"We need this kind of technology to go through hundreds of millions of transactions in a day," Mr Vorapong said, referring to cases involving banks"

After earning a degree in information systems at Indiana University’s business school, 37-year-old Mr Vorapong joined PwC in the US in 2002 as an associate. When Mr Vorapong returned to Thailand in 2009, he helped set up computer forensic services for PwC here. The current team consists of technologists, ex-journalists, people who understand business processes, accountants and information security people.

The world’s second-largest professional services network as measured by 2013 revenues, PwC is one of the Big Four auditors, along with Deloitte, Ernst & Young and KPMG.

“People often ask how is it possible there could be fraud if a company’s accounts are audited, and the answer is a regular audit is based on disclosure. As a result, the audit is done on a sampling basis,” said Mr Vorapong, who climbed the company's ranks and became a partner two years ago. "A forensic adult is very different."

THE CAN OF WORMS

The team investigating the car parts manufacturer discovered that one of the key managers actually owned a supplier the company used, which set off alarm bells.

After requesting corporate registration documents from the Commerce Ministry, the team went through the shareholder and director information and cross-checked it against the names of employees at the car parts company to discover if any of the employees were listed as directors or shareholders.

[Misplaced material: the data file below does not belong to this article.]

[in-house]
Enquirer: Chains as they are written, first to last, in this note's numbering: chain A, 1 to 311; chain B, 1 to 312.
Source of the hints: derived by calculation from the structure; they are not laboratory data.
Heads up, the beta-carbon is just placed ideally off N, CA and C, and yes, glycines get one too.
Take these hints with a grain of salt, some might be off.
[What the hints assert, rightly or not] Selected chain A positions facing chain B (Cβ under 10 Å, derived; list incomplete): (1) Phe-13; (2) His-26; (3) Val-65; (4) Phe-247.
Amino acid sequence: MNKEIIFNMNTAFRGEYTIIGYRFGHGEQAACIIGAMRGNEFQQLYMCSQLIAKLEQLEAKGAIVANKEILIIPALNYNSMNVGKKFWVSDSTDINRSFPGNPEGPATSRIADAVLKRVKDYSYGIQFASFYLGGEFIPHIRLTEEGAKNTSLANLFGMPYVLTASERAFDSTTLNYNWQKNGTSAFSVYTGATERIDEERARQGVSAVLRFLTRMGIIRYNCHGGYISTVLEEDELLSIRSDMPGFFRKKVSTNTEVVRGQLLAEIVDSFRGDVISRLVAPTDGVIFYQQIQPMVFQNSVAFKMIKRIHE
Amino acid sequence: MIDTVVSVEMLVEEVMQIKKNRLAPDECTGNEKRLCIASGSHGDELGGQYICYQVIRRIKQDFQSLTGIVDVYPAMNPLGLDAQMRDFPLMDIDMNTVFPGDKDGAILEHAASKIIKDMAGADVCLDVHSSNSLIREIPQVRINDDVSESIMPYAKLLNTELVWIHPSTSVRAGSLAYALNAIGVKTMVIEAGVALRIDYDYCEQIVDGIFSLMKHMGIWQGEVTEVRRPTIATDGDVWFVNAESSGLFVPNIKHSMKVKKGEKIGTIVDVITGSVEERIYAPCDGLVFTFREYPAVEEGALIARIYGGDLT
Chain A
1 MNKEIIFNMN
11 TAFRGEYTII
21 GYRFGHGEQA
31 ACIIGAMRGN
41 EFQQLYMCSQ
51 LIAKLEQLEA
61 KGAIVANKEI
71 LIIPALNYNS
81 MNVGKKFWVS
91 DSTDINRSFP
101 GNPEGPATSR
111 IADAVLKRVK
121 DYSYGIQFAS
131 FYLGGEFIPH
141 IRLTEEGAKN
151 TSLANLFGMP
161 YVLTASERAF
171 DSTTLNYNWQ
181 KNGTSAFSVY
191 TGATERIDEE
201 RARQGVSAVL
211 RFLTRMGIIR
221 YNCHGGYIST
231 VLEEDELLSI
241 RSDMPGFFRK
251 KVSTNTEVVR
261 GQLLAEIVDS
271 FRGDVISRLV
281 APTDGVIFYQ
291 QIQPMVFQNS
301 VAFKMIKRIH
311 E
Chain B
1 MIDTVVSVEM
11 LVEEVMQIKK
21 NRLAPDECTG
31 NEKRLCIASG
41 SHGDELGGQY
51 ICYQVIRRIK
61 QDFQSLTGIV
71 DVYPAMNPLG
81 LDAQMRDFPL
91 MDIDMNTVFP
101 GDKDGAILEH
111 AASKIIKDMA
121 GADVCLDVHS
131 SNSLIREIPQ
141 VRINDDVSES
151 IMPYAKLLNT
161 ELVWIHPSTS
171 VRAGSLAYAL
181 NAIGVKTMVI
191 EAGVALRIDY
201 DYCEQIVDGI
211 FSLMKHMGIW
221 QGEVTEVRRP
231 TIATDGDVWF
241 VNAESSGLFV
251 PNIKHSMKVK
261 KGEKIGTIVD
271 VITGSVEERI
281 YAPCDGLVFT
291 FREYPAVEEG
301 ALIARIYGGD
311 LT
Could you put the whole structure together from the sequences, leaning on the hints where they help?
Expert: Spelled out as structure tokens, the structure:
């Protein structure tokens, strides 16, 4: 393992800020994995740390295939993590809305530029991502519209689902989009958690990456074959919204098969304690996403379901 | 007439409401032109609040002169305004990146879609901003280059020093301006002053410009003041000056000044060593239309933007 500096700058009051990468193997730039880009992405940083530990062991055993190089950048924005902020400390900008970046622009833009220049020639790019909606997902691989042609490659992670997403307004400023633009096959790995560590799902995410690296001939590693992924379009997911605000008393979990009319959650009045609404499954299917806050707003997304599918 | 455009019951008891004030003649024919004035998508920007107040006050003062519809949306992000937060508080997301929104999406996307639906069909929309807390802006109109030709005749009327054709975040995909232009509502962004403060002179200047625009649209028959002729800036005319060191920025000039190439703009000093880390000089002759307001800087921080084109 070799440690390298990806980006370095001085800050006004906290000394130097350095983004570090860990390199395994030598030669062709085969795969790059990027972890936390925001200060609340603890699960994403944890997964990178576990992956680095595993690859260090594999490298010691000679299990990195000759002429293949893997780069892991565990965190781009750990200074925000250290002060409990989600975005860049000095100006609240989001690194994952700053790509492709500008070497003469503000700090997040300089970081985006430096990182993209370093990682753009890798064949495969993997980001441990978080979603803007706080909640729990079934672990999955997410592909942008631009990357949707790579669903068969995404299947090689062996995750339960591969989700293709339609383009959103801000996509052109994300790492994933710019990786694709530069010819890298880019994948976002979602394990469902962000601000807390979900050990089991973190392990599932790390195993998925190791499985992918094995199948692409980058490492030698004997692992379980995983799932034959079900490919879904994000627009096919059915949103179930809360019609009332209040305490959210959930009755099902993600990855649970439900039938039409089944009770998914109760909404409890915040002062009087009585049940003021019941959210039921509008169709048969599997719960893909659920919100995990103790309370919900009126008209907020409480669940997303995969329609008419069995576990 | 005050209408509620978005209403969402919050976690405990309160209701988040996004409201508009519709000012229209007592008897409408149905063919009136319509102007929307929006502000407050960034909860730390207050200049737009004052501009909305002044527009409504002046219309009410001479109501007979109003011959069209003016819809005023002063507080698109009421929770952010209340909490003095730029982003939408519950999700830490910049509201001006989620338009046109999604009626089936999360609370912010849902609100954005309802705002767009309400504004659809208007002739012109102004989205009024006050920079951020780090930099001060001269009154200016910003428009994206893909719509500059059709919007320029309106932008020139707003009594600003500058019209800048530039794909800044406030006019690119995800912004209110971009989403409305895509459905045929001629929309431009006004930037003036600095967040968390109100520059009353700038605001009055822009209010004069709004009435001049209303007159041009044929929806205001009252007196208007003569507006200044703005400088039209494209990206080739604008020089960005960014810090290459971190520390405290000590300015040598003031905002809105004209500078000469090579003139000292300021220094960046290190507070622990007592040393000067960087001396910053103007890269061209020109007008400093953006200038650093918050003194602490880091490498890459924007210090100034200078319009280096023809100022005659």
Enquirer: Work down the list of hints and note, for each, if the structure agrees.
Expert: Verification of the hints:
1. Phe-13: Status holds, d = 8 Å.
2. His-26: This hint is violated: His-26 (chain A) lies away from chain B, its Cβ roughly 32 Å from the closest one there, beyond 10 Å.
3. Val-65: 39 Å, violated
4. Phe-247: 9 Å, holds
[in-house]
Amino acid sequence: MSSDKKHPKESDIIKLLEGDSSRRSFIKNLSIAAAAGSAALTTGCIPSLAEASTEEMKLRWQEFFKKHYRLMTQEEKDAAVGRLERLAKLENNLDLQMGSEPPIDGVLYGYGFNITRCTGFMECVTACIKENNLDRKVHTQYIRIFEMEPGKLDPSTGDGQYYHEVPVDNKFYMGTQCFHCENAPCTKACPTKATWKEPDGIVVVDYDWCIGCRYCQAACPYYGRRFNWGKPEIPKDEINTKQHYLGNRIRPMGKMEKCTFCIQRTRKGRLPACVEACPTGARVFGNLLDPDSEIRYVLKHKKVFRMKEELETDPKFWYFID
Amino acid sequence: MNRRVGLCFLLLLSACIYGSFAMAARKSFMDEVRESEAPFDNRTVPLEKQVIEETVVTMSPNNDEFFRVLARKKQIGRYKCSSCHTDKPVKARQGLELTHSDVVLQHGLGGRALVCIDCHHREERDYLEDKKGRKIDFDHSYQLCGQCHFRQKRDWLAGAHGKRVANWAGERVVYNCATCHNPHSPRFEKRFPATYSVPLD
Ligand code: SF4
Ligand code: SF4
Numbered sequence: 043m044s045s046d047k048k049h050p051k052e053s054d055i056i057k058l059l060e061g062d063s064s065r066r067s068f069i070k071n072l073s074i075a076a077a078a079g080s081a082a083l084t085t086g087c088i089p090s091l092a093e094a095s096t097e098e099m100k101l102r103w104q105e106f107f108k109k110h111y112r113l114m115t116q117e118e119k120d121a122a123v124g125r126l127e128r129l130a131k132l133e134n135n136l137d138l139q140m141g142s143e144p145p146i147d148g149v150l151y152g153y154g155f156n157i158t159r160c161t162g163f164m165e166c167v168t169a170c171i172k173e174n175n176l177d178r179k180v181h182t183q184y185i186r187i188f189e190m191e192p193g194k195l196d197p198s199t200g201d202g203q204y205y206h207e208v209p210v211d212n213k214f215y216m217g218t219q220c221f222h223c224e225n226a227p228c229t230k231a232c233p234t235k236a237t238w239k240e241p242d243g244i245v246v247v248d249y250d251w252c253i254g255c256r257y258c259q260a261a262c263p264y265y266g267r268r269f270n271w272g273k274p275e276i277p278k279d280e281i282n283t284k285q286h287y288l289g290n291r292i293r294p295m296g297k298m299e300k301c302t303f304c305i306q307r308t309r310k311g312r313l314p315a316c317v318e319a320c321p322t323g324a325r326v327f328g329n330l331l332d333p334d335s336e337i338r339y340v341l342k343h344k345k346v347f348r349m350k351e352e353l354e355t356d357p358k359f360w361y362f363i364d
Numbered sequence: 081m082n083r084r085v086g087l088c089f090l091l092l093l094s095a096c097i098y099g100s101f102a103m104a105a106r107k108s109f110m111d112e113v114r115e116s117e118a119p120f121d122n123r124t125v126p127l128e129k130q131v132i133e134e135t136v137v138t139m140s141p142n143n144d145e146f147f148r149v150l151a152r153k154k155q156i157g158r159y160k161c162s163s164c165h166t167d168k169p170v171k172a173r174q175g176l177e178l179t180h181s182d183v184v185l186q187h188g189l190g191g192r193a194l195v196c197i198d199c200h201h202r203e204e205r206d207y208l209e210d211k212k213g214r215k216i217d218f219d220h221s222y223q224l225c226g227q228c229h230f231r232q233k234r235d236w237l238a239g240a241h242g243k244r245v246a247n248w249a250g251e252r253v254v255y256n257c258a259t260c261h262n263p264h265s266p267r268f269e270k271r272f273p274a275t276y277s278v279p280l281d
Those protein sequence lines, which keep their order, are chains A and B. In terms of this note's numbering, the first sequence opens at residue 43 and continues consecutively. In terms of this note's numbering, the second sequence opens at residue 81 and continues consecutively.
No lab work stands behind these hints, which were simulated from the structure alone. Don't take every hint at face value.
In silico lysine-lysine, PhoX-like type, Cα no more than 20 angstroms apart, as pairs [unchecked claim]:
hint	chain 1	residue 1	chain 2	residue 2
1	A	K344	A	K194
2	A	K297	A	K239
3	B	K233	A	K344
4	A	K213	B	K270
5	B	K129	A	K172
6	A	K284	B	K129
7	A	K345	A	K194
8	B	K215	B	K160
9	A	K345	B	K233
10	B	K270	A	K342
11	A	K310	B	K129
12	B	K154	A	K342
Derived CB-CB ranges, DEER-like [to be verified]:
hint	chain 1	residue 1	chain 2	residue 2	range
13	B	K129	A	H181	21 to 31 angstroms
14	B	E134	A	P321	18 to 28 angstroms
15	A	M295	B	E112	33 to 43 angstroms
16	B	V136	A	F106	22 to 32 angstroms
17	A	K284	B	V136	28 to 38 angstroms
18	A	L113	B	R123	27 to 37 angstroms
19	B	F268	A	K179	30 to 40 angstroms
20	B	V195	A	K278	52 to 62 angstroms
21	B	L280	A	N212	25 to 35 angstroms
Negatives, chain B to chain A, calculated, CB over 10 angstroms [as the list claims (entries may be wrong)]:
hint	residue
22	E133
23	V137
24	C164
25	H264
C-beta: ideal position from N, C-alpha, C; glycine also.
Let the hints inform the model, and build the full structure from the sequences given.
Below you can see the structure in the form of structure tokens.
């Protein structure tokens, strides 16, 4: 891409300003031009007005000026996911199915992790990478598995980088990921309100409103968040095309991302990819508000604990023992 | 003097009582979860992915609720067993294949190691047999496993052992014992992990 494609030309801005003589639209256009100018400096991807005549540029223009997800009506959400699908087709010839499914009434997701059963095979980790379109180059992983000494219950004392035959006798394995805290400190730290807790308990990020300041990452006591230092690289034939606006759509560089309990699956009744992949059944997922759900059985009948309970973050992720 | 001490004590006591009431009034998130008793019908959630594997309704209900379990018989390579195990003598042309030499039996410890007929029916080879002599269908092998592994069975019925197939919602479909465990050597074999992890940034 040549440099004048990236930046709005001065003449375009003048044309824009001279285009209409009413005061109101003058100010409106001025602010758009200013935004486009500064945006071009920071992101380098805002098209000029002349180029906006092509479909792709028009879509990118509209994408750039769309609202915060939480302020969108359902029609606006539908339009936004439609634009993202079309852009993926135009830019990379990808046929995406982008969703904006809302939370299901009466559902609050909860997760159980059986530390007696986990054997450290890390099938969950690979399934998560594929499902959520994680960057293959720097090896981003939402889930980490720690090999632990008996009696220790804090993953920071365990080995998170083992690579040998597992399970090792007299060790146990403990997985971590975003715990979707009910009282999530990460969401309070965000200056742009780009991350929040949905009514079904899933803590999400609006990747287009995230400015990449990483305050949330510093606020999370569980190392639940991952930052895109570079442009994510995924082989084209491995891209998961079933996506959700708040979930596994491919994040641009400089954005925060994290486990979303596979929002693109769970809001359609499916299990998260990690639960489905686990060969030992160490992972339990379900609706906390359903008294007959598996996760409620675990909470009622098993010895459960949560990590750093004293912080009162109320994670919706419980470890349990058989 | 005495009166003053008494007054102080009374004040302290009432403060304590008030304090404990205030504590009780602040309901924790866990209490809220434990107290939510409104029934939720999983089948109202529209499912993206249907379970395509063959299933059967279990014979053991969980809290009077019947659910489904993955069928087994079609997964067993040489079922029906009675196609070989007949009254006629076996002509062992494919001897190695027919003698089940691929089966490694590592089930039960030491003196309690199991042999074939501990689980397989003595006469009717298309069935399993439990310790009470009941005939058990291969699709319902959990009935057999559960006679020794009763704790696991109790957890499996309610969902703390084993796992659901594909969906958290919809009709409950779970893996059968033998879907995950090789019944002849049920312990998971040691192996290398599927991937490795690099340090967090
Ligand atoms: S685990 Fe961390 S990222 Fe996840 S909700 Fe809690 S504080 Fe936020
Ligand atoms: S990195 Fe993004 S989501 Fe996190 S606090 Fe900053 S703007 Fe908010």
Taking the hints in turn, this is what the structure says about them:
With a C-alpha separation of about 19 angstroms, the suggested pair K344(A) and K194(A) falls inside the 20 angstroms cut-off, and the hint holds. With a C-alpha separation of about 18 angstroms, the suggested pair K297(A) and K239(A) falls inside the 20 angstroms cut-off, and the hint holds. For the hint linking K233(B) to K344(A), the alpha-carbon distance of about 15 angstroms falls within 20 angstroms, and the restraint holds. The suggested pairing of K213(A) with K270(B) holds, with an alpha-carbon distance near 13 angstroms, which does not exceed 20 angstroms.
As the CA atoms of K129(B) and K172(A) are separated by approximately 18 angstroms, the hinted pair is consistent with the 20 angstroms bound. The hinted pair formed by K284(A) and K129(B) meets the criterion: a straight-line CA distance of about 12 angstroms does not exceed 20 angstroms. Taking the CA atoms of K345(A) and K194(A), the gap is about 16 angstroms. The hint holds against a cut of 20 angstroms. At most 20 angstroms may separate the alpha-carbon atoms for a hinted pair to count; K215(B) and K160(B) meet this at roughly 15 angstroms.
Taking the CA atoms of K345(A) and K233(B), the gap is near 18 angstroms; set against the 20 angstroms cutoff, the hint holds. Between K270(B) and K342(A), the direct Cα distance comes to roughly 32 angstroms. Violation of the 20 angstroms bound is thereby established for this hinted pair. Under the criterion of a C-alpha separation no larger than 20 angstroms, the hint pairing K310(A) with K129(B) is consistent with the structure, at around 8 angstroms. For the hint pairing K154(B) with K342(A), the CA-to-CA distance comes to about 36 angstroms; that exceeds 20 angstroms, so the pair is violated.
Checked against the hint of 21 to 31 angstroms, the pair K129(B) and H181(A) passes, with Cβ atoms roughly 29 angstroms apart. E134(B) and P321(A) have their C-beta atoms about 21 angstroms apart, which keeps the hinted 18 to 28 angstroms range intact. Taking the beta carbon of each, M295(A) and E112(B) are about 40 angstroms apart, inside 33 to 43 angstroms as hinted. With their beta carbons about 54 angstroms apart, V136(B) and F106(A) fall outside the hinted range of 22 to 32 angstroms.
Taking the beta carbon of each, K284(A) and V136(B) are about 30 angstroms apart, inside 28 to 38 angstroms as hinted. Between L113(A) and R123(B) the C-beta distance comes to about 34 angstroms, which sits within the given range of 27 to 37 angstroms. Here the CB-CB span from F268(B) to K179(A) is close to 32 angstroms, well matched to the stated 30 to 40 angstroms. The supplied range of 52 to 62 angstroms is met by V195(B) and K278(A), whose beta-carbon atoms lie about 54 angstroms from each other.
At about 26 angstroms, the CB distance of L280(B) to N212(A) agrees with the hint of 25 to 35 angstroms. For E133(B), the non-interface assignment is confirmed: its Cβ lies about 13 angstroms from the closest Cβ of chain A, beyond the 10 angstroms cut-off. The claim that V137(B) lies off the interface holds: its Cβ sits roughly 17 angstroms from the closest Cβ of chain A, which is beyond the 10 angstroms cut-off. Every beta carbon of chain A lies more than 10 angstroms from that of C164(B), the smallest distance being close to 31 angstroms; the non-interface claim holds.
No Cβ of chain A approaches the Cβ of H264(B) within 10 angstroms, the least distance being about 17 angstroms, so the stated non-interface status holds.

A check on market prices for the raw material (which we were asked not to name for reasons of confidentiality) supplied by the manager’s company found that he had inflated his prices by 30-45%.

Through the search of company emails, the team found that another of the company’s managers was having a romantic relationship with one of the owners of the producer of the raw material. The team also found evidence of payments going from certain suppliers to key employees in the factory.

“The reason this wasn’t detected is that part of that money was given to employees to keep their mouths shut,” said George McLeod, a manager of corporate investigations who took part in the case last year.